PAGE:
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What it Takes to Return : UN Peacekeeping and the Safe Return of Displaced People (英语)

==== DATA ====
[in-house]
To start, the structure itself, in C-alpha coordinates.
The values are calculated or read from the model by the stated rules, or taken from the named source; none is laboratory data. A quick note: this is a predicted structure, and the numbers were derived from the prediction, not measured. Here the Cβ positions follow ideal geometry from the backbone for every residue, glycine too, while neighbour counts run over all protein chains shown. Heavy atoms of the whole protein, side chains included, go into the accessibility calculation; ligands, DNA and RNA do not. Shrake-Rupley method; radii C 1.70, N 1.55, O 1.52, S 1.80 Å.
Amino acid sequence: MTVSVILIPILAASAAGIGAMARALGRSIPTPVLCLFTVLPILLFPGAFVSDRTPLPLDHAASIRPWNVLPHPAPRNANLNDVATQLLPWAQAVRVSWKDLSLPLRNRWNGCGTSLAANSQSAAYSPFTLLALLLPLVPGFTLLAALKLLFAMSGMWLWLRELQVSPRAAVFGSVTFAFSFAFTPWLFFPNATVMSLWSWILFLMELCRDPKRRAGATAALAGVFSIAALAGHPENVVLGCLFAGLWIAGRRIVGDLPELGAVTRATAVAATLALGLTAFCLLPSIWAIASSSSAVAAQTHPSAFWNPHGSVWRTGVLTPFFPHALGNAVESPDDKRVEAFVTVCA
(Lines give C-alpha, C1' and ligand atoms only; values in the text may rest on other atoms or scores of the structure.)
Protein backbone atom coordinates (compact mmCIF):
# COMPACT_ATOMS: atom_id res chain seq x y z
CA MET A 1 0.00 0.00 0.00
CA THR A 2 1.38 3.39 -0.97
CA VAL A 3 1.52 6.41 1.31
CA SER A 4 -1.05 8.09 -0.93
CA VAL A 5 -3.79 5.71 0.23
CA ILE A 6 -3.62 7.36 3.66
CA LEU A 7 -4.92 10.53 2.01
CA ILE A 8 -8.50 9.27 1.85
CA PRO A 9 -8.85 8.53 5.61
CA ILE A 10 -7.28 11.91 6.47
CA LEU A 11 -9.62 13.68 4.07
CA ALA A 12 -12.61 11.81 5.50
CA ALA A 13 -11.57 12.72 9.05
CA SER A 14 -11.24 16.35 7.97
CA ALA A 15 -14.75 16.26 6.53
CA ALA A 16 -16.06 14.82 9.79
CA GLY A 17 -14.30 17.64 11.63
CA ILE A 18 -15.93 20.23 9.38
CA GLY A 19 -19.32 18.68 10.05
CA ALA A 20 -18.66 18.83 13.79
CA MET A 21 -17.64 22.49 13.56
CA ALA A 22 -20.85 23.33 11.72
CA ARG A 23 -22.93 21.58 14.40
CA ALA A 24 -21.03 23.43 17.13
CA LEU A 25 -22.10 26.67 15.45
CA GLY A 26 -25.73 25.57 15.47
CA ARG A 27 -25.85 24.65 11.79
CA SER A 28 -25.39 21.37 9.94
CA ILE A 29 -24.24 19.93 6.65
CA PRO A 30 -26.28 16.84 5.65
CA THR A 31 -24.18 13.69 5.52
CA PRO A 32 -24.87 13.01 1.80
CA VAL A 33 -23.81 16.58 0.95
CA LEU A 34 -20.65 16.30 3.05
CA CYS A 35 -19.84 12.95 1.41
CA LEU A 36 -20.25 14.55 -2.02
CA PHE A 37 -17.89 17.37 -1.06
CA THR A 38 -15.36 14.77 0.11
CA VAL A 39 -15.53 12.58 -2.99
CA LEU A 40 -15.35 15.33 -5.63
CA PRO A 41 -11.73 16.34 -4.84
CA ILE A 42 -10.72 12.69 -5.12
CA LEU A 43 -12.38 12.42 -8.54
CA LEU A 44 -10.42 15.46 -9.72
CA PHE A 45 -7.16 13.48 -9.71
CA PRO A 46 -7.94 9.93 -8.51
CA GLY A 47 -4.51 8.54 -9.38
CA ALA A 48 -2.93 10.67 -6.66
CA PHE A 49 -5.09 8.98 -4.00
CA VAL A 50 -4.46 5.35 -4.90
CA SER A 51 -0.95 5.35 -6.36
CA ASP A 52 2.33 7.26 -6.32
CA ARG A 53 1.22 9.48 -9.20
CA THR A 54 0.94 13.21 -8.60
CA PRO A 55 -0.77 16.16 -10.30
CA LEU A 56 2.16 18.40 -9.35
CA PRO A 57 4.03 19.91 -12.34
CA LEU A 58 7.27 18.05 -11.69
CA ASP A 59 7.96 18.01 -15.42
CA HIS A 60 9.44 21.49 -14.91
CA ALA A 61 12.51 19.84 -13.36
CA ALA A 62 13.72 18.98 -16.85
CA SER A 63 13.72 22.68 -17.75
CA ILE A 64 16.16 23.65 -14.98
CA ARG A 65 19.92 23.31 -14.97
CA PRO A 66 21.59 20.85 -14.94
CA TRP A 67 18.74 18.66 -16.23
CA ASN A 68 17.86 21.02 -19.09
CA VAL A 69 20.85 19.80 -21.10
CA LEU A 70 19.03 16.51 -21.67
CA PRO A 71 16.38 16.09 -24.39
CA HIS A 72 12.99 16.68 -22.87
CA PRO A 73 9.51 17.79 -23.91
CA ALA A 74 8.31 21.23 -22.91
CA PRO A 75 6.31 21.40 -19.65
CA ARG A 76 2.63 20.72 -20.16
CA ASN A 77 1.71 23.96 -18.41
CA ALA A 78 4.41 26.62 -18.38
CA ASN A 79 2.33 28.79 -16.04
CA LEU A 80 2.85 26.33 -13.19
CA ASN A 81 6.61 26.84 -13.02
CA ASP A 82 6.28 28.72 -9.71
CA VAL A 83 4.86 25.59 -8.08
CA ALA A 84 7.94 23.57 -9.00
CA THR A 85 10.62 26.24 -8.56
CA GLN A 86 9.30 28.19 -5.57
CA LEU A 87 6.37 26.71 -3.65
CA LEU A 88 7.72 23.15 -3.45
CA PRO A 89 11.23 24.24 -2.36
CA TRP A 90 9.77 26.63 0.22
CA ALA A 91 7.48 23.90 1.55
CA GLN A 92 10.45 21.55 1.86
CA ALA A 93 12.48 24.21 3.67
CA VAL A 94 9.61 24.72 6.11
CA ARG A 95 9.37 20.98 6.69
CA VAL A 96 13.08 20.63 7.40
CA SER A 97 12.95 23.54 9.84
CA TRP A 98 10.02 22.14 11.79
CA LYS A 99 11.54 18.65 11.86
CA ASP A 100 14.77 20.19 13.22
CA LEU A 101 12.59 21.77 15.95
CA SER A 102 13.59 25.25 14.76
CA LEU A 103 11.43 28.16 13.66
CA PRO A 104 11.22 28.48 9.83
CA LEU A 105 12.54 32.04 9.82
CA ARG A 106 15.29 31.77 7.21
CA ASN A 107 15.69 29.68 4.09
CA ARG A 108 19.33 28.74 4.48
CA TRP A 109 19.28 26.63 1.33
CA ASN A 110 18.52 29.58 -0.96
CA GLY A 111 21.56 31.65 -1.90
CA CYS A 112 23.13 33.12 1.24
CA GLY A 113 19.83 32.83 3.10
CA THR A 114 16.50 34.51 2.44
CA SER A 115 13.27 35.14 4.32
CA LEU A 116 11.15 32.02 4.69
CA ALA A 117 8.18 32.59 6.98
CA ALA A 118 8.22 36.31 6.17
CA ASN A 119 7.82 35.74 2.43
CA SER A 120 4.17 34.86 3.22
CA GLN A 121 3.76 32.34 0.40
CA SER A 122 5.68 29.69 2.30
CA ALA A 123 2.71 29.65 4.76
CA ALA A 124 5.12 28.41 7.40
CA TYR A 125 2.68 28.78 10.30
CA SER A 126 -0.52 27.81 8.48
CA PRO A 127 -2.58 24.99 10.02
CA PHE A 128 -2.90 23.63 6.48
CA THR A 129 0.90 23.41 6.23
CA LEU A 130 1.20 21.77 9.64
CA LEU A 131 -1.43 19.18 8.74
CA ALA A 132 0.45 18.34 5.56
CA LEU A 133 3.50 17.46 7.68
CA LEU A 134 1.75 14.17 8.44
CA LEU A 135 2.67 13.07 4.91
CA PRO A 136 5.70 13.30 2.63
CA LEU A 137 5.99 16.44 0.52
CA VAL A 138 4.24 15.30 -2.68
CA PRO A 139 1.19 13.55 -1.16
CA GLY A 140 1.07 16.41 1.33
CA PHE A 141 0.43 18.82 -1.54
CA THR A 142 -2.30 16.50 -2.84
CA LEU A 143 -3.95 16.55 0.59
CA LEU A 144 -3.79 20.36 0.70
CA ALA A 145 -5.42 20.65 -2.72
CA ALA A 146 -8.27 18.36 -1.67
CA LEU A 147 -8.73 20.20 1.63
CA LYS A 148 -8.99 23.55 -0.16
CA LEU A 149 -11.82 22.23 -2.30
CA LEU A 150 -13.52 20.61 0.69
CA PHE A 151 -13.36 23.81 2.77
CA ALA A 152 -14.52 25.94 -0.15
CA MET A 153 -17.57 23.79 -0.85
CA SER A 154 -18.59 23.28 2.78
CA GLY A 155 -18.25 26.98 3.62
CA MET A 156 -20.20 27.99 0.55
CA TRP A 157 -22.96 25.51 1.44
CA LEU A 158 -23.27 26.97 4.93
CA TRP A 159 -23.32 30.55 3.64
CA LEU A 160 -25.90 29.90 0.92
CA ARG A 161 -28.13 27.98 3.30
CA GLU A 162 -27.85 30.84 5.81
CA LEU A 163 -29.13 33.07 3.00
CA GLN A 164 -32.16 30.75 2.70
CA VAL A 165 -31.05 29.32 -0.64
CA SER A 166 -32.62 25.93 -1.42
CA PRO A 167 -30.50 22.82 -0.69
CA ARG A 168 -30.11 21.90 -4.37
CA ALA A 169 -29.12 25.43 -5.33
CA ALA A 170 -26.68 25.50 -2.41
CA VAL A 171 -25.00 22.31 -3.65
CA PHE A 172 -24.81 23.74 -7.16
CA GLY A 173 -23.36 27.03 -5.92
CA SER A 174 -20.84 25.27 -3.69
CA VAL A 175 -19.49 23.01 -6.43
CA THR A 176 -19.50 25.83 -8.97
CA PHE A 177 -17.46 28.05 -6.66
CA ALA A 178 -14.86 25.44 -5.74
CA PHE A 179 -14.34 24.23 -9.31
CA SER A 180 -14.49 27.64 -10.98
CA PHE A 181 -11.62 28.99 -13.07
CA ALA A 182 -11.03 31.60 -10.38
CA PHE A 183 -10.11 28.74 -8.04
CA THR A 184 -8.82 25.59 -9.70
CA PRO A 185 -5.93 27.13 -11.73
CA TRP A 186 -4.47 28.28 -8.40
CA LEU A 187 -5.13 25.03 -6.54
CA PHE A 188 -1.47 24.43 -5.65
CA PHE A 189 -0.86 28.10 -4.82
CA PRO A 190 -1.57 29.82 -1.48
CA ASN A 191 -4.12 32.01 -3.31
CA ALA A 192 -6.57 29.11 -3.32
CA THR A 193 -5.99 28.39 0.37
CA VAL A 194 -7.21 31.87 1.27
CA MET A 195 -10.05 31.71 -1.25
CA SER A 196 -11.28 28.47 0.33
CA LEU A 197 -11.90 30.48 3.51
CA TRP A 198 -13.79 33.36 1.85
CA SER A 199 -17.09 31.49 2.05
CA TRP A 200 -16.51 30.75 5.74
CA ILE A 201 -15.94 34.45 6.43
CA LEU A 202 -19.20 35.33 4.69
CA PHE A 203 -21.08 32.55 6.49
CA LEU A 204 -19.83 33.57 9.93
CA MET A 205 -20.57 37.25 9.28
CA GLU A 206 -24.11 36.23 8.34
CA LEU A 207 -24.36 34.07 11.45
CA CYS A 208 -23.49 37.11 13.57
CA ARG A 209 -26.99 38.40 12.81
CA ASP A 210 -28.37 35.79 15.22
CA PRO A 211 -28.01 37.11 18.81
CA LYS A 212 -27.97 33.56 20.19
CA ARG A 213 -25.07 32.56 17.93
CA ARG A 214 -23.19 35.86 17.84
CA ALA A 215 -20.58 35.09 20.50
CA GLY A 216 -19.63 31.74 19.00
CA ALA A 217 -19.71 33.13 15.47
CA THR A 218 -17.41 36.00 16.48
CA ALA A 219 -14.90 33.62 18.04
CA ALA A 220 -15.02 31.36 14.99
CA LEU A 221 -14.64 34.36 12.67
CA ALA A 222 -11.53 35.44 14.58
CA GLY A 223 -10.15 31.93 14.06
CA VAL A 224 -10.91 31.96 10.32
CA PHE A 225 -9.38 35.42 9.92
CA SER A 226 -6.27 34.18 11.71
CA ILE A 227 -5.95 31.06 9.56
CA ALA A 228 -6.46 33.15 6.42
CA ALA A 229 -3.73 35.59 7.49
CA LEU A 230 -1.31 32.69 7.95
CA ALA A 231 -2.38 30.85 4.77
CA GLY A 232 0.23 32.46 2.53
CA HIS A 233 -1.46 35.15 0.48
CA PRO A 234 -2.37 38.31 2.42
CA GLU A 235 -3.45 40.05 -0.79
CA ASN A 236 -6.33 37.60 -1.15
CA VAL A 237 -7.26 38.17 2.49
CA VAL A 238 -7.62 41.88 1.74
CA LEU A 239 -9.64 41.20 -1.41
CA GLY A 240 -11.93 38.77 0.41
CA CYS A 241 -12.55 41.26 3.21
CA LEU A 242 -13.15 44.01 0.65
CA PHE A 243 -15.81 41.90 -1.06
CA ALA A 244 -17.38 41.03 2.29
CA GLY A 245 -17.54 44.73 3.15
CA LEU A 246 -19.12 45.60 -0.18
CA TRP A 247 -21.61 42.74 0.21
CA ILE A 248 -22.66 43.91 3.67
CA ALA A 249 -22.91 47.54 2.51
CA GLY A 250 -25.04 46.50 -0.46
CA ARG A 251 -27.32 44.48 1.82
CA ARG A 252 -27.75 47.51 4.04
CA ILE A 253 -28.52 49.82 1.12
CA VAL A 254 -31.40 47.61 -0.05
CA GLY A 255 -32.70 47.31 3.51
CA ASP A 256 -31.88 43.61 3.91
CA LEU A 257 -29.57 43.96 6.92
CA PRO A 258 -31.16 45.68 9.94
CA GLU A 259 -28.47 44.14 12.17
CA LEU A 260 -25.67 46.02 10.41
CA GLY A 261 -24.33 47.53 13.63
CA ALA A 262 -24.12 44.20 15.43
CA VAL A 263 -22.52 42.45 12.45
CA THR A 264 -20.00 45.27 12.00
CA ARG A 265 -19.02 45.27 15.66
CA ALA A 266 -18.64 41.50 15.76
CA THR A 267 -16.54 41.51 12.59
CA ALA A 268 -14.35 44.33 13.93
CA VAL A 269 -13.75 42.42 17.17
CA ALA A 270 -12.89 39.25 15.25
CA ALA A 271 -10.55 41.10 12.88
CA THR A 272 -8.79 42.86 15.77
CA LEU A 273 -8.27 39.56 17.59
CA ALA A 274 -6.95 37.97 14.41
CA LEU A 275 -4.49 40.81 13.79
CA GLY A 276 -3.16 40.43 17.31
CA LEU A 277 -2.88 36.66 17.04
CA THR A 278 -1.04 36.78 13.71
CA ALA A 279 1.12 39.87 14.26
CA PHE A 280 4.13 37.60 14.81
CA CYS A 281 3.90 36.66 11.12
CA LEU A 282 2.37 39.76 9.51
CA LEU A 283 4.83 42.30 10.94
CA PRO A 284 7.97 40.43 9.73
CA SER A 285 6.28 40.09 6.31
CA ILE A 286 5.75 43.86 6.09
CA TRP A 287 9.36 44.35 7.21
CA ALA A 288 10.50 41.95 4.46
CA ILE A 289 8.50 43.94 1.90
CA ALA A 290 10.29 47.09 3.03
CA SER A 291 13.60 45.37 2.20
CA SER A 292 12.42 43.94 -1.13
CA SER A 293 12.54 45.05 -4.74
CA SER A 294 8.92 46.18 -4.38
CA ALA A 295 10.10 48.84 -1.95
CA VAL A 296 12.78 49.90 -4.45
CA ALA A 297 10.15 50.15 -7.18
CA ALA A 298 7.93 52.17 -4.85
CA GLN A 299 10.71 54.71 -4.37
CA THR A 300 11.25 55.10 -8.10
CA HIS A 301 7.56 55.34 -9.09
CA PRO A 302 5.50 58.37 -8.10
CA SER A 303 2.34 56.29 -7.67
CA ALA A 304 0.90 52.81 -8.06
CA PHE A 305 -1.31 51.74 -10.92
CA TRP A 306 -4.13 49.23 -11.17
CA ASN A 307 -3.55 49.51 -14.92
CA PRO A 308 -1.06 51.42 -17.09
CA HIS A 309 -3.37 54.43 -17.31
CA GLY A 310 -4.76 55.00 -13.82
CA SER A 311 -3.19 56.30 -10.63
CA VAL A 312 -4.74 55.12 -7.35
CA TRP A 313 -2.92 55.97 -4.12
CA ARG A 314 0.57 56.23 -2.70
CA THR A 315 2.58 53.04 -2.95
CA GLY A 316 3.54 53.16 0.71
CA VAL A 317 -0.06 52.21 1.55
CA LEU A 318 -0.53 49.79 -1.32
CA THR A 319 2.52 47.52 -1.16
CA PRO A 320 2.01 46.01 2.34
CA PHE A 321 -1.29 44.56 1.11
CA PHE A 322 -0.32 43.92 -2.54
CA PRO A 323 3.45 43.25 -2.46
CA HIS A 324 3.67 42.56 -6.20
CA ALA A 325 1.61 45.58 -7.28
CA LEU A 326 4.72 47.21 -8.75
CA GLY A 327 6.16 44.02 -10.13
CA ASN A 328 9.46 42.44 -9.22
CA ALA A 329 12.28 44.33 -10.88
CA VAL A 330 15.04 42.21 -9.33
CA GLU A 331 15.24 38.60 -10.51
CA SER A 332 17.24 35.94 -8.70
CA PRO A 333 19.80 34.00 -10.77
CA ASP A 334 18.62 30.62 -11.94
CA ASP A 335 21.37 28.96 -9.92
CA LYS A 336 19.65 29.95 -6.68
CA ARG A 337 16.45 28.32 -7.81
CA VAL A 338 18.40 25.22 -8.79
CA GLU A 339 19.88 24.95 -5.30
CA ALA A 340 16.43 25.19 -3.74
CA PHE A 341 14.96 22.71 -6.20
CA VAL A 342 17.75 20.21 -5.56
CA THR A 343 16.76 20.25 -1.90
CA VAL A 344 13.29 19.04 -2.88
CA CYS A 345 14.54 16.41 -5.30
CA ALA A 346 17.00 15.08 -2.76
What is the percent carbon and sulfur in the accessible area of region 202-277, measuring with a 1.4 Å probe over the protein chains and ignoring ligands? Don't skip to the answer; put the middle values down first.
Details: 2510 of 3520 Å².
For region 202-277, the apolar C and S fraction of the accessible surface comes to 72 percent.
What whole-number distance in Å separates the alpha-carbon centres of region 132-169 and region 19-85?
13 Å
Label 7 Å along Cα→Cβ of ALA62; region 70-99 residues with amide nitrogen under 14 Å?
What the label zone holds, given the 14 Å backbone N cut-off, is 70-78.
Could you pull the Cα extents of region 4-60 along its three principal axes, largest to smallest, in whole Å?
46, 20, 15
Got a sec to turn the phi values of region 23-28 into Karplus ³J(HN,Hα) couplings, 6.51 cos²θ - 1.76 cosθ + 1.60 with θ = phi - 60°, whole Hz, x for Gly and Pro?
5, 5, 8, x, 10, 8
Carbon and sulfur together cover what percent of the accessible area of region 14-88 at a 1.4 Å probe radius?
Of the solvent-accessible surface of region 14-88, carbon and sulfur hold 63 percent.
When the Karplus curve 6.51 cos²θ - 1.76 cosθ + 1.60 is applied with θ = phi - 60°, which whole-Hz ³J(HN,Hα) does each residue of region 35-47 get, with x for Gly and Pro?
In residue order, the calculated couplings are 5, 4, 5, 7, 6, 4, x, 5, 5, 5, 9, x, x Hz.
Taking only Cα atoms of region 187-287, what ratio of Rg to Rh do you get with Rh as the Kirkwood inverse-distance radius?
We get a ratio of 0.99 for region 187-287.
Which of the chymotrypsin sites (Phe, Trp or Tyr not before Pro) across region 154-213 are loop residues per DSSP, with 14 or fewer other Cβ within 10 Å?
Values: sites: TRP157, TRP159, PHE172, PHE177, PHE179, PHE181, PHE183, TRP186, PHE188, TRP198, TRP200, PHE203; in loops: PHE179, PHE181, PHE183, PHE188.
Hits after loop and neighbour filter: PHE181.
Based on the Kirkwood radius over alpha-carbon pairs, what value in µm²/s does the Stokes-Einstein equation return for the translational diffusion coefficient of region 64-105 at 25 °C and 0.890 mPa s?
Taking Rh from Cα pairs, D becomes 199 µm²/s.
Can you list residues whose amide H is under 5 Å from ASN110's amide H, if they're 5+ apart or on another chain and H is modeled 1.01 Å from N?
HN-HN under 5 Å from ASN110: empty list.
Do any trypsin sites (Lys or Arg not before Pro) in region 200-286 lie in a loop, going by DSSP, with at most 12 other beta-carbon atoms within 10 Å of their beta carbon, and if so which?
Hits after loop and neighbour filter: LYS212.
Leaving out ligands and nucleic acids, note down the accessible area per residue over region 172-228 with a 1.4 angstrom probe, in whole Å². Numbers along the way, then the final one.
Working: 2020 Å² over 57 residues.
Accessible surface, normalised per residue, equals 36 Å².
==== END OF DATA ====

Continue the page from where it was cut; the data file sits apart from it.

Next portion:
Can the international community enable conditions for voluntary, safe and sustainable return of displaced people? As conflict is key in the decision to leave and to return, this paper investigates whether the deployment of UN peacekeeping operations can reduce the insecurities driving displacement and delaying return. It explores the case of South Sudan, which hosts the second largest UN peace operation in the world. It combines information on peacekeepers' subnational deployment with data on individuals' intention to move and host communities' perceptions of returnees and internally displaced people (IDPs) using two surveys, one carried out between 2015 and 2017 and one in 2018. To mitigate concerns about non-random subnational assignment of peacekeepers, the paper exploits variations in the presence of previous infrastructures and information on the total supply of troops to African countries from each troop-contributing country. The paper finds that UN peacekeeping affects both the magnitude and the quality of return. Displaced people are more likely to return home if peacekeepers are deployed in their county of destination. At the same time, the local presence of peacekeepers mitigates host communities' negative perception of IDPs; they also enable the delivery of support to communities that seem to improve attitudes toward returnees and IDPs.

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